From time to time posters have suggested CRY would be an attractive “Buy-Out Candidate”. This suggestion is laughable.
1. 52% of CRY’s sales come from “tissue” related products. Tissue is a low margin, highly regulated, high fixed cost business subject to litigation risk business. I’m not sure that CRY generates any “net cash flow’ from the tissue product lines. Posters here get excited when CRY increases tissue related sales. When you have a $0 “net cash flow” product line, you can increase sales to infinity and you still have a $0 "net cash flow" product line. I sometimes wonder if CRY is running a "blood bank”. At CRY's annual meeting, SGA or DAL will have the opportunity to tell us what the “net cash flow” numbers for tissue really are. If they don’t talk about it, my guess is because it is a $0 "net cash flow" business, and they don't want to have to admit this to shareholders.
2. CRY gets the bulk of it's “net cash flow” from BioGlue. My guess is that BioGlue generated $14 million “net cash flow” during 2009. But, BioGlue has a BIG problem. Sales are likely to trend lower. It goes off patent in 2012-13. Competitors may start entering this market in 2011. Looking forward, it is likely that the "net cash flow" from this product line will go lower. If a rapid drop in BioGlue sales were to occur, CRY's aggregated "net cash flow" would plummet, and so would the stock price. Declining BioGlue sales could get really ugly should sales decline.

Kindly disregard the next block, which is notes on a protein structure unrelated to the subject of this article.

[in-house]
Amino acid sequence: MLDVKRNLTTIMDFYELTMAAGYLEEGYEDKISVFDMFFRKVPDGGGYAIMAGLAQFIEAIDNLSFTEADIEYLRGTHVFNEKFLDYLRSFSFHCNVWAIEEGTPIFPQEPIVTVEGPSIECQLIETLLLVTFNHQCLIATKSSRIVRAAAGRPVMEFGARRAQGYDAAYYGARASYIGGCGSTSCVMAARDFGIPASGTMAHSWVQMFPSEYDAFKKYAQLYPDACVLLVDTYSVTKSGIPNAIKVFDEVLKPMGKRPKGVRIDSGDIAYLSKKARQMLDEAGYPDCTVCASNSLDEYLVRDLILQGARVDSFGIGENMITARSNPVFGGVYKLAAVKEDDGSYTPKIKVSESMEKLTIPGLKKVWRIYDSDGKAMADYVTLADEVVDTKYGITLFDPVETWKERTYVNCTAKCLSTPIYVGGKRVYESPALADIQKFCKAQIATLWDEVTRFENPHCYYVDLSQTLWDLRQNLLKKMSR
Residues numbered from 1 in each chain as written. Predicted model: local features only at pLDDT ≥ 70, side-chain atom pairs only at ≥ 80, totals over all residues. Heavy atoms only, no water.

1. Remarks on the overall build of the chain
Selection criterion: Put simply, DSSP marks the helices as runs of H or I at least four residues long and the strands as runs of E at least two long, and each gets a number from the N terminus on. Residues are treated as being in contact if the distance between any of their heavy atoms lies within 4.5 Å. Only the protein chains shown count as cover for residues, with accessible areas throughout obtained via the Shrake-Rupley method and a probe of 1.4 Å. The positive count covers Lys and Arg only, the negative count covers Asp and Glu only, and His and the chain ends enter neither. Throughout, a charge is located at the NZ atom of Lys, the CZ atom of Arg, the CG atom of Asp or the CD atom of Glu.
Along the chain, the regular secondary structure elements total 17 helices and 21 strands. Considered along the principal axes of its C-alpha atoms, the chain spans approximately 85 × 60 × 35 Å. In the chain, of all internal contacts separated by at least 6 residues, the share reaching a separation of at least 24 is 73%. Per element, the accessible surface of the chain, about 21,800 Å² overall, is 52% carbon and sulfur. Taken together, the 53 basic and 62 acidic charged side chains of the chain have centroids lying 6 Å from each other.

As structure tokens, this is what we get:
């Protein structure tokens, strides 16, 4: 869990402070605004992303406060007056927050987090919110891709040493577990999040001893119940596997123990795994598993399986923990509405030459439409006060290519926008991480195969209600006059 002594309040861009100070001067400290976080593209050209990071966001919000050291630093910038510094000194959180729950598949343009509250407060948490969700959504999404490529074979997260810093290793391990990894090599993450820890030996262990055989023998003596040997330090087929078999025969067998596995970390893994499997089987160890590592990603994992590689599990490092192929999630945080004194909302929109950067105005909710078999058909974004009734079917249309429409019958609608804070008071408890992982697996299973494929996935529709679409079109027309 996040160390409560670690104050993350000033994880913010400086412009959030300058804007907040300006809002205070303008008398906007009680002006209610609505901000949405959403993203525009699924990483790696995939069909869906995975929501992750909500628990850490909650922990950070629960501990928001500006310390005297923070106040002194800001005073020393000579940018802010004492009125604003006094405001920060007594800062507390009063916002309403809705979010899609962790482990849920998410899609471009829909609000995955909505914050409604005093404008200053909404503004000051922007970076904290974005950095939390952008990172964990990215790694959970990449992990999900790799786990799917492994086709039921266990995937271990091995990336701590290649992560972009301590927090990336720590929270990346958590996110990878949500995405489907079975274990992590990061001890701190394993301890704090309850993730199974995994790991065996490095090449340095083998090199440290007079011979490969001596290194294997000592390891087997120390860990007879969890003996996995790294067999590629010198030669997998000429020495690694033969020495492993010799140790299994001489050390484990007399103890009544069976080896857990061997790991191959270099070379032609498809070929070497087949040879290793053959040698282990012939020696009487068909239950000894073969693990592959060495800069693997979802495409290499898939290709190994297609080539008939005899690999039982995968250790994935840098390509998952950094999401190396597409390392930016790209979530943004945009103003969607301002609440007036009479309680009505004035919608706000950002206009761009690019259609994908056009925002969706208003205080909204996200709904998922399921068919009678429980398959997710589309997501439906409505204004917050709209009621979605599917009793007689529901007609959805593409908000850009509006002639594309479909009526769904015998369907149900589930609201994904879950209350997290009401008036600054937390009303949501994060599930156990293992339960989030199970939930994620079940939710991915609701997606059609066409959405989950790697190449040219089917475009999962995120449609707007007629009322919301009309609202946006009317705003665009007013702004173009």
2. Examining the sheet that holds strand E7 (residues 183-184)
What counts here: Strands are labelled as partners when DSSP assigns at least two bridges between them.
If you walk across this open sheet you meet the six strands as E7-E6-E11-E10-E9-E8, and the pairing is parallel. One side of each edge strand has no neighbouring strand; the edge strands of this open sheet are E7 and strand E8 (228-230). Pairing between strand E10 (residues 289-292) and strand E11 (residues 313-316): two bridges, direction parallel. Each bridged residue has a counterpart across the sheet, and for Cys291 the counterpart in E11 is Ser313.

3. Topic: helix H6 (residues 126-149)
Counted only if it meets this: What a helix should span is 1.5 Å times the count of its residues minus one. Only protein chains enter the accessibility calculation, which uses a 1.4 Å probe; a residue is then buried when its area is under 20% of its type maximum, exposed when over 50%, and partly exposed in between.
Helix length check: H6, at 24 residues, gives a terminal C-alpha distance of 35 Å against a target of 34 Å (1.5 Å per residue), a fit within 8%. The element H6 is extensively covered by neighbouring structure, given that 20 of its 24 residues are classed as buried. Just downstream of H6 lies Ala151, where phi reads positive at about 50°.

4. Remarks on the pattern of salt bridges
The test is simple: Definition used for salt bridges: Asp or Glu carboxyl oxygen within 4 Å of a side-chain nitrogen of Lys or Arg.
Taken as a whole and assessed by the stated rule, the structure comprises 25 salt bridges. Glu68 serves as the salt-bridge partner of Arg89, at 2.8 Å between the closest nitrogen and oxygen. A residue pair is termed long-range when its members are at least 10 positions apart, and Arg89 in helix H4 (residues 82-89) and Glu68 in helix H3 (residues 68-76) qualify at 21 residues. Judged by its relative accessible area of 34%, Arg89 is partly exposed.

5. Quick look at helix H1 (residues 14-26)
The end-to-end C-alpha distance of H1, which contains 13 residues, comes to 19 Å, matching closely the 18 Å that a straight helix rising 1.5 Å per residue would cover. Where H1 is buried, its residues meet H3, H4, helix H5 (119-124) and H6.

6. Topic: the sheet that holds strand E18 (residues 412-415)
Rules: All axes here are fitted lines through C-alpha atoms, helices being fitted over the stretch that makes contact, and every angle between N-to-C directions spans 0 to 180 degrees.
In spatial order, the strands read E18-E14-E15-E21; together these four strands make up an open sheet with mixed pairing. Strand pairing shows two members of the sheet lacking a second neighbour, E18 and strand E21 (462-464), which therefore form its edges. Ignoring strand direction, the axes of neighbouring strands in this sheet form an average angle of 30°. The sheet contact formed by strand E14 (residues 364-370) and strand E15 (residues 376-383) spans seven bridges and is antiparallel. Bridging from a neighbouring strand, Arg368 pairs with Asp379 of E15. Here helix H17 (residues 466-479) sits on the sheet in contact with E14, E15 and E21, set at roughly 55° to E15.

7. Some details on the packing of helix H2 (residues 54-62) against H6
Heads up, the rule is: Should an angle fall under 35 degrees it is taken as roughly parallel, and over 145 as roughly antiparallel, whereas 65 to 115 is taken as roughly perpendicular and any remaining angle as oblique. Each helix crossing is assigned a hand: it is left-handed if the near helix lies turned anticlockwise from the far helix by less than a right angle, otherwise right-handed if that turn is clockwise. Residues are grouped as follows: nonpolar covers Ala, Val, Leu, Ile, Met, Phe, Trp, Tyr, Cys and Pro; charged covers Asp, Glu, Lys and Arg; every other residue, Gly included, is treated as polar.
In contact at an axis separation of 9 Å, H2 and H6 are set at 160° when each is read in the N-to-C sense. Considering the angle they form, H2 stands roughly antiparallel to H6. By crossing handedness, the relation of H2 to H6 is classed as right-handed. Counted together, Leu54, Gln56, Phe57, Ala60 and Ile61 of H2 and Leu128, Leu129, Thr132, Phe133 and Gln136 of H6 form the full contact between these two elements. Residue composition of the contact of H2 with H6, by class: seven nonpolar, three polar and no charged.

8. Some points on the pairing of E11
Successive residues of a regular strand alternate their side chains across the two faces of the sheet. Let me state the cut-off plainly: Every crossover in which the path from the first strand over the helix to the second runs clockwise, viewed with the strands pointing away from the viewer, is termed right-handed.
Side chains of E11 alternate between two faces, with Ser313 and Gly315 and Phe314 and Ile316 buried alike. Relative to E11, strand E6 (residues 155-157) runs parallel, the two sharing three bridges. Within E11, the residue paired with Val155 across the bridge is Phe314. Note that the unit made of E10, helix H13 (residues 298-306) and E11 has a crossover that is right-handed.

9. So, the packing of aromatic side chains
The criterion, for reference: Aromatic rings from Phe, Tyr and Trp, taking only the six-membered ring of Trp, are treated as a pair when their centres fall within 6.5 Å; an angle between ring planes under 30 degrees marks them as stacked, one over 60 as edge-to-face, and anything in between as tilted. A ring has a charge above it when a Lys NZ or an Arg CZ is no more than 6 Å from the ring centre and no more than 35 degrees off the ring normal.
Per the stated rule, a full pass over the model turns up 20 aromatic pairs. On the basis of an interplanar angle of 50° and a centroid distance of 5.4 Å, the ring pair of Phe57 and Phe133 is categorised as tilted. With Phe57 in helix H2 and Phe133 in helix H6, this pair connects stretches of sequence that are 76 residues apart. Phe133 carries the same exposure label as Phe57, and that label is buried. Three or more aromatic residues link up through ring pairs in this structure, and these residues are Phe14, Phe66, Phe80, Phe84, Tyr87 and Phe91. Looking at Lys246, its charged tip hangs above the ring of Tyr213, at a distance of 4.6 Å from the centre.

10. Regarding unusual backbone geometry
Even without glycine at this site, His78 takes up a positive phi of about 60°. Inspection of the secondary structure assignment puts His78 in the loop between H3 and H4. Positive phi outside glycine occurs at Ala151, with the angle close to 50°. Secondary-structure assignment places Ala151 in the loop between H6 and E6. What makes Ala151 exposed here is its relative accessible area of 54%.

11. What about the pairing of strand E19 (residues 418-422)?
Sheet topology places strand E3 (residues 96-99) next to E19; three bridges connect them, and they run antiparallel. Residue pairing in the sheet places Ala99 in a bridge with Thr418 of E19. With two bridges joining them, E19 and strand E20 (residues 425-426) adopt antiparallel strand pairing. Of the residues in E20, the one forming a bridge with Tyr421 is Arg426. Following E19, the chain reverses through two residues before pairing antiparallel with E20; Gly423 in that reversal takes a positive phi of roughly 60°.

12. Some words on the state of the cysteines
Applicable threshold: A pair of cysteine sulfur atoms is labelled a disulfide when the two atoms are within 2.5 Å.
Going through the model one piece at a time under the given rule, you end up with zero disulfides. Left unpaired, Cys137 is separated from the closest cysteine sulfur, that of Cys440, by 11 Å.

3. CRY has destroyed their working relationship with Medafor. CRY had hoped to replace declining BioGlue sales with increasing HemoStase sales. So for now anyway, HemoStase doesn't make CRY attractive to a buyer.
4. Everything else CRY has to offer is developmental and/or unproven. To a buyer, this would be equivalent to buying a “pig in a poke”.
Conclusion: CRY doesn’t have anything to offer a buyer. CRY is the equivalent of buy out “Anti-Matter”.